Madridge Journal of Pharmaceutical Research

ISSN: 2638-1591

2nd International Conference on Pharma & Nutrition, Health and Aging
August 1-2, 2019 Valencia, Spain

New Alternative Protein Sources in Animal Nutrition

Éva Cenkvári

University of Veterinary Medicine, Hungary

DOI: 10.18689/2638-1591.a3.006

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The General Food Law (Regulation (EC) 178/2002, 1 GFL) sets the framework for EU legislation on food and feed and applies to all production stages. To date, European law is not conclusive on several issues regarding the use of novel protein sources in feed and food products. One of the major unclarities for feed applications is whether products with insects are considered animal-derived products or not. If so, it seems to be possible to put on the markets feed material using novel protein sources.

Studies on food safety of cultivated European insects are very limited and some normally safe insects may be unhealthy if they contain allergens or feed on plants originated from a polluted area. Entities breeding and converting insects into food should comply with Annex I and Annex II of Regulation (EC) 852/2004.

About 2% of 4000 varieties of algae can form neurotoxins and hepatotoxins that can accumulate in shellfish, crustaceans and fish. Regulation (EC) 767/2009 is valid for proteins deriving from algae and to date, no formal authorization and safety assessment is required. Out of the various novel protein sources which can be used for replacing current animal proteins in feed and food production, rapeseed is ready now for market introduction for food use. One of the limiting factors for the application of rapeseed proteins is that the content of phenolic acids is up to 30 times higher than in soybean or flaxseed. Application of modern processing technologies may lead to elimination of the majority of the antinutritive factors in rapeseed such as glucosinolates, phytates and tannates. Future research should focus on the effects of novel proteins having healthier characteristics in food and feed, as well as the degradation and accumulation of several substances during processing.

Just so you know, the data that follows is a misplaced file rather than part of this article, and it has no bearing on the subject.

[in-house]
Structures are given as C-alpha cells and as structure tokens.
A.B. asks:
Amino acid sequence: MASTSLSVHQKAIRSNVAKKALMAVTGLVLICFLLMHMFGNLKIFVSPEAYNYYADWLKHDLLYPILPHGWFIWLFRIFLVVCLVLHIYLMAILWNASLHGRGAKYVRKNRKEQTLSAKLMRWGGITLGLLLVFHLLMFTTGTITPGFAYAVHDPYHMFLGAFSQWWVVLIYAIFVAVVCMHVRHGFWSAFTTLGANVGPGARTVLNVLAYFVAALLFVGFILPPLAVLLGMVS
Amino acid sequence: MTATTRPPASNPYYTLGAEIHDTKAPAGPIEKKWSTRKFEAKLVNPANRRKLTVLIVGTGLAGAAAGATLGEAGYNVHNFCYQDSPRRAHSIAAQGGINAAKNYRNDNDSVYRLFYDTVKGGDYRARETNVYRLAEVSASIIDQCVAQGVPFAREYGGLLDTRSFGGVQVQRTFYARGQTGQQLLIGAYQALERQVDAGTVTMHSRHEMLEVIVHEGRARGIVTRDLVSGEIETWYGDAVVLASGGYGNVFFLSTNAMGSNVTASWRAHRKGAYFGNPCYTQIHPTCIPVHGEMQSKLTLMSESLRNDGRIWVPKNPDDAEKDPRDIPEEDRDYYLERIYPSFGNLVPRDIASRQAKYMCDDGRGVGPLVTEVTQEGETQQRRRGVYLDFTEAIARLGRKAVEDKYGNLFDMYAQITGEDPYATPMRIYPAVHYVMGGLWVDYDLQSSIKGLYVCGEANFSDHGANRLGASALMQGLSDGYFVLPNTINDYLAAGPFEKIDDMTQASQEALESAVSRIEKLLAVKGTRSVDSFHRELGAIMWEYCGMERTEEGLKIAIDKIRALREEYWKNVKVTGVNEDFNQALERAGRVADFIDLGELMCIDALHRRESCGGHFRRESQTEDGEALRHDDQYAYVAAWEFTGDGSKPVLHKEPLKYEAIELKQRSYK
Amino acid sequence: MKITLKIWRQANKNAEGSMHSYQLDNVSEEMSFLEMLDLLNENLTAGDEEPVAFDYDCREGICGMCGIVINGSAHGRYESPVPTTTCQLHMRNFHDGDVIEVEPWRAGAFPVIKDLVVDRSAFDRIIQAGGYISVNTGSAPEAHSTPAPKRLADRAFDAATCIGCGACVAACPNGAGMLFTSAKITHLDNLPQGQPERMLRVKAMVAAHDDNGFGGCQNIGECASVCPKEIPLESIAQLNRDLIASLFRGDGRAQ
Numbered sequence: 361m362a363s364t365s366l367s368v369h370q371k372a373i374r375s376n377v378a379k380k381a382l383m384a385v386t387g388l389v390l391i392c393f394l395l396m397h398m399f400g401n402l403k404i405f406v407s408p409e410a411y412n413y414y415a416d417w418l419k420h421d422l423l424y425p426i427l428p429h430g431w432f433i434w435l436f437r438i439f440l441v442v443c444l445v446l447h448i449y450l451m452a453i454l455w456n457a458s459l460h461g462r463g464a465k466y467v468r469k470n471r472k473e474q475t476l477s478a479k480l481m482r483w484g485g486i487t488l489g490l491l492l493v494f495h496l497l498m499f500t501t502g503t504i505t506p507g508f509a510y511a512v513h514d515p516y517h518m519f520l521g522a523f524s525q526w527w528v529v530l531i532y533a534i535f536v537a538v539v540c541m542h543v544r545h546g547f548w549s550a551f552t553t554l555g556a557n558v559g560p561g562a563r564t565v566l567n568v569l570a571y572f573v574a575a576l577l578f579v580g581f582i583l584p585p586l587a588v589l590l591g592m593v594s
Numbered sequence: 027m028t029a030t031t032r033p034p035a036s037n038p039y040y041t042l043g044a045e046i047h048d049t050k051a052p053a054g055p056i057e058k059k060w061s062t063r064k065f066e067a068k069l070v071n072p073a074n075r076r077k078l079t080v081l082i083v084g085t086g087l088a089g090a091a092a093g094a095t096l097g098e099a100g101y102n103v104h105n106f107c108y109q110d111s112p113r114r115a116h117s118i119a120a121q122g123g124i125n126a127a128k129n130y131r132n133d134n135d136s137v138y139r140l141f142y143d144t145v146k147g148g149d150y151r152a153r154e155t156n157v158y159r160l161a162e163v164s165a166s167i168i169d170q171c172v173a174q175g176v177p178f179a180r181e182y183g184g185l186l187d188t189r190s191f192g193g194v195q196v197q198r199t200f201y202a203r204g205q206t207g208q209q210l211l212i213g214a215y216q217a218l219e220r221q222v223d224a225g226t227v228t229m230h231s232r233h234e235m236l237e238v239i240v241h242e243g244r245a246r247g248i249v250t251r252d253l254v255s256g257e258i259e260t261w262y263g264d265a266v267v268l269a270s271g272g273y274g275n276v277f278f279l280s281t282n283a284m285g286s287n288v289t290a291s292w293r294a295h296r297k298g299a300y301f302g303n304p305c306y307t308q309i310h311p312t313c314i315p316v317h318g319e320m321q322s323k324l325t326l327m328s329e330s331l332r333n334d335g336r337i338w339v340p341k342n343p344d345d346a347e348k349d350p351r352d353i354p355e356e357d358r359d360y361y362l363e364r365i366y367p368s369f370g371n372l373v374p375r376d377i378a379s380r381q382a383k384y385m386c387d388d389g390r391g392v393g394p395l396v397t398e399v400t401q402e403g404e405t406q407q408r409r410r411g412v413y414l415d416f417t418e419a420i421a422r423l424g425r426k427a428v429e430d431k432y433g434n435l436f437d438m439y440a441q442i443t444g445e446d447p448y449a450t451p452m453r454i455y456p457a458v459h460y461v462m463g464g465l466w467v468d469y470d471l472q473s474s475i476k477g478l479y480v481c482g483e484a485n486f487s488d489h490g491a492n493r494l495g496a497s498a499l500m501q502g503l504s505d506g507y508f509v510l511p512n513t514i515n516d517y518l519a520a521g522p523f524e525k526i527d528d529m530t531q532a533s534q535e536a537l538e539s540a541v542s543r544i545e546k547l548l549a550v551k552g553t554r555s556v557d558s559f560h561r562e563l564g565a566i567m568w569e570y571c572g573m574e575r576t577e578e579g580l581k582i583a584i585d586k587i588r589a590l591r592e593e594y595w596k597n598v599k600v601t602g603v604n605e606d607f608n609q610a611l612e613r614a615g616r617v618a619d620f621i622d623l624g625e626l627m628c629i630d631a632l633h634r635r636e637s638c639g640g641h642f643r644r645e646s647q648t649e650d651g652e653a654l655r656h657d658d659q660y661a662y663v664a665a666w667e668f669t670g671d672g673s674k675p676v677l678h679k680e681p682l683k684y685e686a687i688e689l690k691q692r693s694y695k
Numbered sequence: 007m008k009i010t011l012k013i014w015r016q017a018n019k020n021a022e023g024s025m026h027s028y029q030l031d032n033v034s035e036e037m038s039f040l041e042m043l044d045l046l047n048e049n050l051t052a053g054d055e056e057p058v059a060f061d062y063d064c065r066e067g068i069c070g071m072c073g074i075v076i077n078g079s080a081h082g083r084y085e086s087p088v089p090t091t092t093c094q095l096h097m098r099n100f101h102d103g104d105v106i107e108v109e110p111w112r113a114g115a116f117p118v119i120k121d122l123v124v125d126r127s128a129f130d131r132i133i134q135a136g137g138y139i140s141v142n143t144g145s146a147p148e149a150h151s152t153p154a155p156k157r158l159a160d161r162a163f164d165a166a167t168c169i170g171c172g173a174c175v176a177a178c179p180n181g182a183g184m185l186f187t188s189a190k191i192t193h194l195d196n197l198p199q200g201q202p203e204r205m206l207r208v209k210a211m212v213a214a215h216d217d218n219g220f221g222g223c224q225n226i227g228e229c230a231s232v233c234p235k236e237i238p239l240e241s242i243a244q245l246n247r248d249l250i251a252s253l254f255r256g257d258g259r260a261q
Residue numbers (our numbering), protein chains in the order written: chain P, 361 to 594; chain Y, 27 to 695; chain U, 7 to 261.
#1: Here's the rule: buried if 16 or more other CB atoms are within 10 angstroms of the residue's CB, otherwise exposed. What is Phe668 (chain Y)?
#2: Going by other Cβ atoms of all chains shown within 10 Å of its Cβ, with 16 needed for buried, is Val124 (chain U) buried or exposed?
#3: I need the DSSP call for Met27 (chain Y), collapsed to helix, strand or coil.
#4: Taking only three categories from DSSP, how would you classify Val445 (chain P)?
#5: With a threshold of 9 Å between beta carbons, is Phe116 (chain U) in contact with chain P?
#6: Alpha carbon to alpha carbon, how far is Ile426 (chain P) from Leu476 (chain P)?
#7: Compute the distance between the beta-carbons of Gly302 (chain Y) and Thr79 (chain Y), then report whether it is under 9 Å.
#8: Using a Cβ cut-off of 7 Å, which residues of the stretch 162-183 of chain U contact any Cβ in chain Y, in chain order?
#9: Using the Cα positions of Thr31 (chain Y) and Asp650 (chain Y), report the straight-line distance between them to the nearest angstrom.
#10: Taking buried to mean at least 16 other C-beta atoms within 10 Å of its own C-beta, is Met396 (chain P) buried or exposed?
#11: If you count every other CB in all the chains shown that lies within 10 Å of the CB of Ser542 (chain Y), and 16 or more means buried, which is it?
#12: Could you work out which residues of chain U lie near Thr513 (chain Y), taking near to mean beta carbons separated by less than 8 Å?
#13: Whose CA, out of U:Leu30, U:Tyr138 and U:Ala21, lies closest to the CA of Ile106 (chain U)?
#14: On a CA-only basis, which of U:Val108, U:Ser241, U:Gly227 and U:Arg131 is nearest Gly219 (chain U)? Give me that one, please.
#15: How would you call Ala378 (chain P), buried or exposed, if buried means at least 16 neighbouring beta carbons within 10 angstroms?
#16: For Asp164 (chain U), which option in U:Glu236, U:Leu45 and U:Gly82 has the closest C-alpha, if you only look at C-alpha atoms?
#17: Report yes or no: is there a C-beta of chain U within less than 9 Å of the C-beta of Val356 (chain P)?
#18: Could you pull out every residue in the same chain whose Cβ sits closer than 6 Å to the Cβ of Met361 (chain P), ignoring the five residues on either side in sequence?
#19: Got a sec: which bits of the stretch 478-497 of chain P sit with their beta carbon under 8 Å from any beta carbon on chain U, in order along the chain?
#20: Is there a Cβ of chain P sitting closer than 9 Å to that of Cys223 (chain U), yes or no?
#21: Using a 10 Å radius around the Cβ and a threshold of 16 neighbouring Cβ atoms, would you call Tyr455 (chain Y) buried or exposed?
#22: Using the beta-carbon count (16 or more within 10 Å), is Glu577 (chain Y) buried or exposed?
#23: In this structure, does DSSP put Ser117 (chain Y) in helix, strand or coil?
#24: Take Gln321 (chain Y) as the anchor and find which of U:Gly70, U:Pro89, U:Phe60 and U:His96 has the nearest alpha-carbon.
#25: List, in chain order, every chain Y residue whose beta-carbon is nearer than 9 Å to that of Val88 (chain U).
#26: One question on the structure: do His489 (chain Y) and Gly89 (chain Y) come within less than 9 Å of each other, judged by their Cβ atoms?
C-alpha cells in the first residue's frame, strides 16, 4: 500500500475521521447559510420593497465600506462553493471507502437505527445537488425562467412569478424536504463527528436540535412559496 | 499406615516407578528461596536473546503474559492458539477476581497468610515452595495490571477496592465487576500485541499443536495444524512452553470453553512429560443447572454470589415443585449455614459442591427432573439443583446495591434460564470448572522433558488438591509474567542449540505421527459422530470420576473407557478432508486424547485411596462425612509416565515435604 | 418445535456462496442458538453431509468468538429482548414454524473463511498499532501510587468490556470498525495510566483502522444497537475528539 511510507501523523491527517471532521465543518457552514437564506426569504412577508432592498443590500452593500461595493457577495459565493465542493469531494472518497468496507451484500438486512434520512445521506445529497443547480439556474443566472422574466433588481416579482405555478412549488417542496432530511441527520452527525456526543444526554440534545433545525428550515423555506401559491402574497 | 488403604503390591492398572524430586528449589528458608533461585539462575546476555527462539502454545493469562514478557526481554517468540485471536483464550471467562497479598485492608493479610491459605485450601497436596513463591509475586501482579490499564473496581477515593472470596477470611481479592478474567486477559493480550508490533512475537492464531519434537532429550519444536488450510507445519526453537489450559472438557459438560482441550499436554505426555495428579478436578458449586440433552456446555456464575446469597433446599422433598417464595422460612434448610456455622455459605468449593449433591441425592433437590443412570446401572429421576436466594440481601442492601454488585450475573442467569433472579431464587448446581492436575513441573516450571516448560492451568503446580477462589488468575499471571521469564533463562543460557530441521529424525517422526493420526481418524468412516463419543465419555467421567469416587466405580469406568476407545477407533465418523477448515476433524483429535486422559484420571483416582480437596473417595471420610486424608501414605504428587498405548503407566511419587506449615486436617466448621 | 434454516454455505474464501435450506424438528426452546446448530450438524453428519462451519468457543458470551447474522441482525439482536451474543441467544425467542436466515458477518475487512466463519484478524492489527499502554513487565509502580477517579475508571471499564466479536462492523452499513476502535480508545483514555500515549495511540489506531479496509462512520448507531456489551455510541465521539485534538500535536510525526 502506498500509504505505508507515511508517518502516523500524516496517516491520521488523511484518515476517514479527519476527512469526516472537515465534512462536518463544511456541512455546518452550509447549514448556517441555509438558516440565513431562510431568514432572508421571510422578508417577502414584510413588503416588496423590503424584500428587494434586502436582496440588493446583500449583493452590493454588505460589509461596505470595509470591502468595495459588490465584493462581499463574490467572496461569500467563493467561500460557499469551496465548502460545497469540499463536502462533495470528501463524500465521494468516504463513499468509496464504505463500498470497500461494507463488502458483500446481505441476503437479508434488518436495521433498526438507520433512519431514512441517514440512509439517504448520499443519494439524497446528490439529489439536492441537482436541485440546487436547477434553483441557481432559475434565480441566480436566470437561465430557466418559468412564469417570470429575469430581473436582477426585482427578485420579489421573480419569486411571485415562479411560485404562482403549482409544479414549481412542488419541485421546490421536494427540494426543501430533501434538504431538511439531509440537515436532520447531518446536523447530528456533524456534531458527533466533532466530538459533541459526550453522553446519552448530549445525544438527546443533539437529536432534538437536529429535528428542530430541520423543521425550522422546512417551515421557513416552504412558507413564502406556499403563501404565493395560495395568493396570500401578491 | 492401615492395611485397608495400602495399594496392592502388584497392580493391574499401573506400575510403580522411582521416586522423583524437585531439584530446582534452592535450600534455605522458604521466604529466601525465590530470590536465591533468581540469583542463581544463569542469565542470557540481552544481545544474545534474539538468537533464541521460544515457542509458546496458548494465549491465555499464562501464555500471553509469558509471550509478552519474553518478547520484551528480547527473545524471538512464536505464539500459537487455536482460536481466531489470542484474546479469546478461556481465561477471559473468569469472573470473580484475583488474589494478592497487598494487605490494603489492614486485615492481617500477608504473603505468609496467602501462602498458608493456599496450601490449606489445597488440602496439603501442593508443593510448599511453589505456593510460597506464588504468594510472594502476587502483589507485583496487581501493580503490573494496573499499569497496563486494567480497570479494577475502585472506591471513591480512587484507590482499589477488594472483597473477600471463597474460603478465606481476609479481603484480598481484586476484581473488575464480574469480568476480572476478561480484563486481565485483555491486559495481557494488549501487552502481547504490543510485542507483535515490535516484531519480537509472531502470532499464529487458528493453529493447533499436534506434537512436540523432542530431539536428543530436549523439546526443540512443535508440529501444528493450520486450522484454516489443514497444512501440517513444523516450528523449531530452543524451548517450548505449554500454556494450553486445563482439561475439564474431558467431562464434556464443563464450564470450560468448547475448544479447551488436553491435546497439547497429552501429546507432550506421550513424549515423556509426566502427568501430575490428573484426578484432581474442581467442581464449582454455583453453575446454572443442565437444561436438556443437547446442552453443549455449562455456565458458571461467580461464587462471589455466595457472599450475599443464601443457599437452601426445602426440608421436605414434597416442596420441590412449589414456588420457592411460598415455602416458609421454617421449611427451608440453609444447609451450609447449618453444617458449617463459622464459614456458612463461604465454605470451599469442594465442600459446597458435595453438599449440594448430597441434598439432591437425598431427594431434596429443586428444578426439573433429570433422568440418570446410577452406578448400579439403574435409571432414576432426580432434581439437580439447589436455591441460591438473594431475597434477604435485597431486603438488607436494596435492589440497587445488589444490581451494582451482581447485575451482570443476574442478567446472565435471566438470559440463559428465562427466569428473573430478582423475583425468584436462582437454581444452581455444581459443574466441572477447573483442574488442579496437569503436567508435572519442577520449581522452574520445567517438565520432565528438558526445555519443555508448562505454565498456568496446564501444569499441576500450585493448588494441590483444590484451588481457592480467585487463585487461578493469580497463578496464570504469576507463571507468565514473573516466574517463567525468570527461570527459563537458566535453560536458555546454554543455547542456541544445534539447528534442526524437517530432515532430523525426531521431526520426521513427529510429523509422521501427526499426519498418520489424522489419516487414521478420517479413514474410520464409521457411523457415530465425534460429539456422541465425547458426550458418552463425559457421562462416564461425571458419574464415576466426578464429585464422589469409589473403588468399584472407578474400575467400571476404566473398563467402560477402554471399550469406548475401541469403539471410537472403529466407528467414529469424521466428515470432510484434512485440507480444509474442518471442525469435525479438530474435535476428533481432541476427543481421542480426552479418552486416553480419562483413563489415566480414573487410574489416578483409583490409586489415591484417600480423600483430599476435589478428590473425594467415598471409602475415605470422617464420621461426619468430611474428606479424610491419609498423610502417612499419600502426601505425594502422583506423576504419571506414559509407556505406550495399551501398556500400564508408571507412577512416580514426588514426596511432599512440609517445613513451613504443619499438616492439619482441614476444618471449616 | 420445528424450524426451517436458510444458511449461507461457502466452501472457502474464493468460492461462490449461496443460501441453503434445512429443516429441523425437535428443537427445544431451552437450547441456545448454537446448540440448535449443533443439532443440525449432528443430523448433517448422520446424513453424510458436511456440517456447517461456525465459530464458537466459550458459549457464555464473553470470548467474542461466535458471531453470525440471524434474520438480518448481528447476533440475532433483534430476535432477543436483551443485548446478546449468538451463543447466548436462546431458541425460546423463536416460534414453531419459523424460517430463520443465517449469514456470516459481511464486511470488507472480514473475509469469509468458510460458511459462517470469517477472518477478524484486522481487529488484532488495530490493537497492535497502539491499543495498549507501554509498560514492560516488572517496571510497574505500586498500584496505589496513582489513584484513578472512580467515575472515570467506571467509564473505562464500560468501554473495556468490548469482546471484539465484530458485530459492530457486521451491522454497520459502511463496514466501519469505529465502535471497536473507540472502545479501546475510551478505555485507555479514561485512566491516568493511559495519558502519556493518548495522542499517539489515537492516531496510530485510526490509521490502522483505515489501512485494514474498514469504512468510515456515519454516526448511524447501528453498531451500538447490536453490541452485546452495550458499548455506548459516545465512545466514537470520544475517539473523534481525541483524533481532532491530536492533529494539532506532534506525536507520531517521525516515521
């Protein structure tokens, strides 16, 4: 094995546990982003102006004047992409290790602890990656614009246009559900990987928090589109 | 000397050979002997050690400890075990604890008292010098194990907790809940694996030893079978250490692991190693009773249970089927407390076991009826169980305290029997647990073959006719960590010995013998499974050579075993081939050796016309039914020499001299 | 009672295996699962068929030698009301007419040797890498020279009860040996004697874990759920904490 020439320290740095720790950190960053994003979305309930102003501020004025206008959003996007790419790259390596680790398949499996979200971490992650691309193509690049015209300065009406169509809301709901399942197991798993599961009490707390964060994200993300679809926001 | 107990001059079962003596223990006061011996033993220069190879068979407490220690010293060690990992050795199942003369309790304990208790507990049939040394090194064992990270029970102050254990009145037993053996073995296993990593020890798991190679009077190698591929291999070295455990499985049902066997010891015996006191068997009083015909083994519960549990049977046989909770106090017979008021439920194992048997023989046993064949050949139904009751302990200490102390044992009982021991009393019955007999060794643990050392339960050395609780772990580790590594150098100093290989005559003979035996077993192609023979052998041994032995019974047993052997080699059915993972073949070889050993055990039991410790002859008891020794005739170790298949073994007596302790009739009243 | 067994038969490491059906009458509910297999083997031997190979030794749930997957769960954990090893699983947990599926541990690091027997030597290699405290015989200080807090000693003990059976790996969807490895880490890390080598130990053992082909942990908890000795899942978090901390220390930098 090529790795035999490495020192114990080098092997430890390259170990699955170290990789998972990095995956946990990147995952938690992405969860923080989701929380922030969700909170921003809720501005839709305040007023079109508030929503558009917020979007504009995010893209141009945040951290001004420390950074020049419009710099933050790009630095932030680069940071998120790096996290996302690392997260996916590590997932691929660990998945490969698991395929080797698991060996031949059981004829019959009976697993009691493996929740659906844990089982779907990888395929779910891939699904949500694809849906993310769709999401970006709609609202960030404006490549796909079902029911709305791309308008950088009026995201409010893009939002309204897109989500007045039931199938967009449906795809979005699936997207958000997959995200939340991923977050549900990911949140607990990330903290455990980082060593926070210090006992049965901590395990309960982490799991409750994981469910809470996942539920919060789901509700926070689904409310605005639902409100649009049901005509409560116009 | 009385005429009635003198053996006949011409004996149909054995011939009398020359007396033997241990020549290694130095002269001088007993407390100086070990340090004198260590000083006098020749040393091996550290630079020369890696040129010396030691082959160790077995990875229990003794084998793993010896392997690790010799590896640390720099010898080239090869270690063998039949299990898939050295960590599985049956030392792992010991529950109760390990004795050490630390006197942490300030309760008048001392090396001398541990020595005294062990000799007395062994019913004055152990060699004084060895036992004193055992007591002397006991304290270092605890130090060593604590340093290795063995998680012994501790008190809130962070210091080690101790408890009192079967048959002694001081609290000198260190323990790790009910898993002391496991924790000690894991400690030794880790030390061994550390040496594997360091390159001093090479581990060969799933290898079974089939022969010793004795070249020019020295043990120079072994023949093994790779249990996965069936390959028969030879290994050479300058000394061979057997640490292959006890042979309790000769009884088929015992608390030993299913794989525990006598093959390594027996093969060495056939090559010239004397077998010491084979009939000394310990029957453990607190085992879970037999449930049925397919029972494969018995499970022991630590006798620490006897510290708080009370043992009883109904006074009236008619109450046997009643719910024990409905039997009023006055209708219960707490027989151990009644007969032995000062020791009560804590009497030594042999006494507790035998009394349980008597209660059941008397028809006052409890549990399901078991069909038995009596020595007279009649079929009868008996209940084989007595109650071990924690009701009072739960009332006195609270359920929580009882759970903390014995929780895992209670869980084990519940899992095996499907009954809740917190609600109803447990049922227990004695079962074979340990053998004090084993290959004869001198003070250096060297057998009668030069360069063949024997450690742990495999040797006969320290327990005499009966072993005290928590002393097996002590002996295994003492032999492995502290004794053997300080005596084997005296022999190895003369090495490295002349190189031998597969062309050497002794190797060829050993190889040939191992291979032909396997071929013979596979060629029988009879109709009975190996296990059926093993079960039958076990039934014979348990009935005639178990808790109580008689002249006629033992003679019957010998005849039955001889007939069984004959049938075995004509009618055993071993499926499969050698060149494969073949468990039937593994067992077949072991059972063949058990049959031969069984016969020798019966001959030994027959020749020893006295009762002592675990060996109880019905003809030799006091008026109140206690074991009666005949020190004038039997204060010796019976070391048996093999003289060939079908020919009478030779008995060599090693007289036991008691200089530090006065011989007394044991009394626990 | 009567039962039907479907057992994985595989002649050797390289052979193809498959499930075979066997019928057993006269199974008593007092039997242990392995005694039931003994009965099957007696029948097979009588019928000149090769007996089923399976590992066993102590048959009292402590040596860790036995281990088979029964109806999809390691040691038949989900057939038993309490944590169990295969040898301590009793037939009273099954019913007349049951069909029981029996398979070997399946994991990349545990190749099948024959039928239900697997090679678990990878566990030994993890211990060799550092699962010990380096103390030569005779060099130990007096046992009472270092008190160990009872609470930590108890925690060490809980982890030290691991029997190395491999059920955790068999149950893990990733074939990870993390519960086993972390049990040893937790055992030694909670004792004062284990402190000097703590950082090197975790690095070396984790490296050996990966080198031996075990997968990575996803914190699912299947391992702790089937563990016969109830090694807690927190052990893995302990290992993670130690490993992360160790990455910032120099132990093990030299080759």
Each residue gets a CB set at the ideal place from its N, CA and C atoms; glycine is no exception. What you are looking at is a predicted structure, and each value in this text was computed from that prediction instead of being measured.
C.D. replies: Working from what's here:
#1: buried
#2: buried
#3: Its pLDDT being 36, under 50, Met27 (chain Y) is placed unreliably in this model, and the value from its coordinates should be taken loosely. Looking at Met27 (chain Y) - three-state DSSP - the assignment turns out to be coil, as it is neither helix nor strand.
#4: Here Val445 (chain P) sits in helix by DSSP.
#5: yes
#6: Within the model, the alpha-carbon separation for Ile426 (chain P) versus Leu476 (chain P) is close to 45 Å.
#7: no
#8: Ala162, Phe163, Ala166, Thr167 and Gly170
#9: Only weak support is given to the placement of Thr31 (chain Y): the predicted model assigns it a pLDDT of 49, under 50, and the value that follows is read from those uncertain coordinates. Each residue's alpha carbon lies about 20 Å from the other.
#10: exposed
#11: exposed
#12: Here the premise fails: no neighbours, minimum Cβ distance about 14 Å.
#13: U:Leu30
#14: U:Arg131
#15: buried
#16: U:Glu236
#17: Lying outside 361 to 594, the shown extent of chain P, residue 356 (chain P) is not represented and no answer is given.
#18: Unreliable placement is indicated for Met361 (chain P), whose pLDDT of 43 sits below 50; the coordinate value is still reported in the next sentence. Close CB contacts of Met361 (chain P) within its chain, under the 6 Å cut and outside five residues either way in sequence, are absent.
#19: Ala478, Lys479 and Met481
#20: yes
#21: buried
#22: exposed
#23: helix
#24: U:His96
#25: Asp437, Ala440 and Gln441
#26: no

Keywords: alternative protein sources, food safety, legal background, unclarities, research trends.

Eva Cenkvari completed her B.Sc. from Pannon University of Agricultural Sciences, Mosanmagyarovar, Hungary in the year 1986 and from University of Reading, Department of Agricultural Economics, Management and Marketing, Reading, United Kingdom in the year 1993. She completed her Ph.D from Pannon University of Agricultural Sciencs in the Department of Animal Nutrition, Mosonmagyarovar, Hungary and Hungarian Academy of Sciences, Budapest, Hungary in the year 1991 in Animal Nutrition and Feed Technology. She was a Senior Research Fellow in the Institute of Animal Breeding, Animal Nutrition and Laboratory Animal Sciences. She is the Faculty of Veterinary Sciences, Szent Istvan University, Budapest, Hungary from 2000 – at present. She was also a Senior Research Fellow in the Department of Animal Nutrition in Pannon University of Agricultural Sciences, Mosonmagyarovar, Hungary in the year 1991-1998. And she was also a Research Fellow in the Department of Animal Nutrition in Pannon University of Agricultural Sciences, Mosonmagyarovar, Hungary in the year 1986-1991.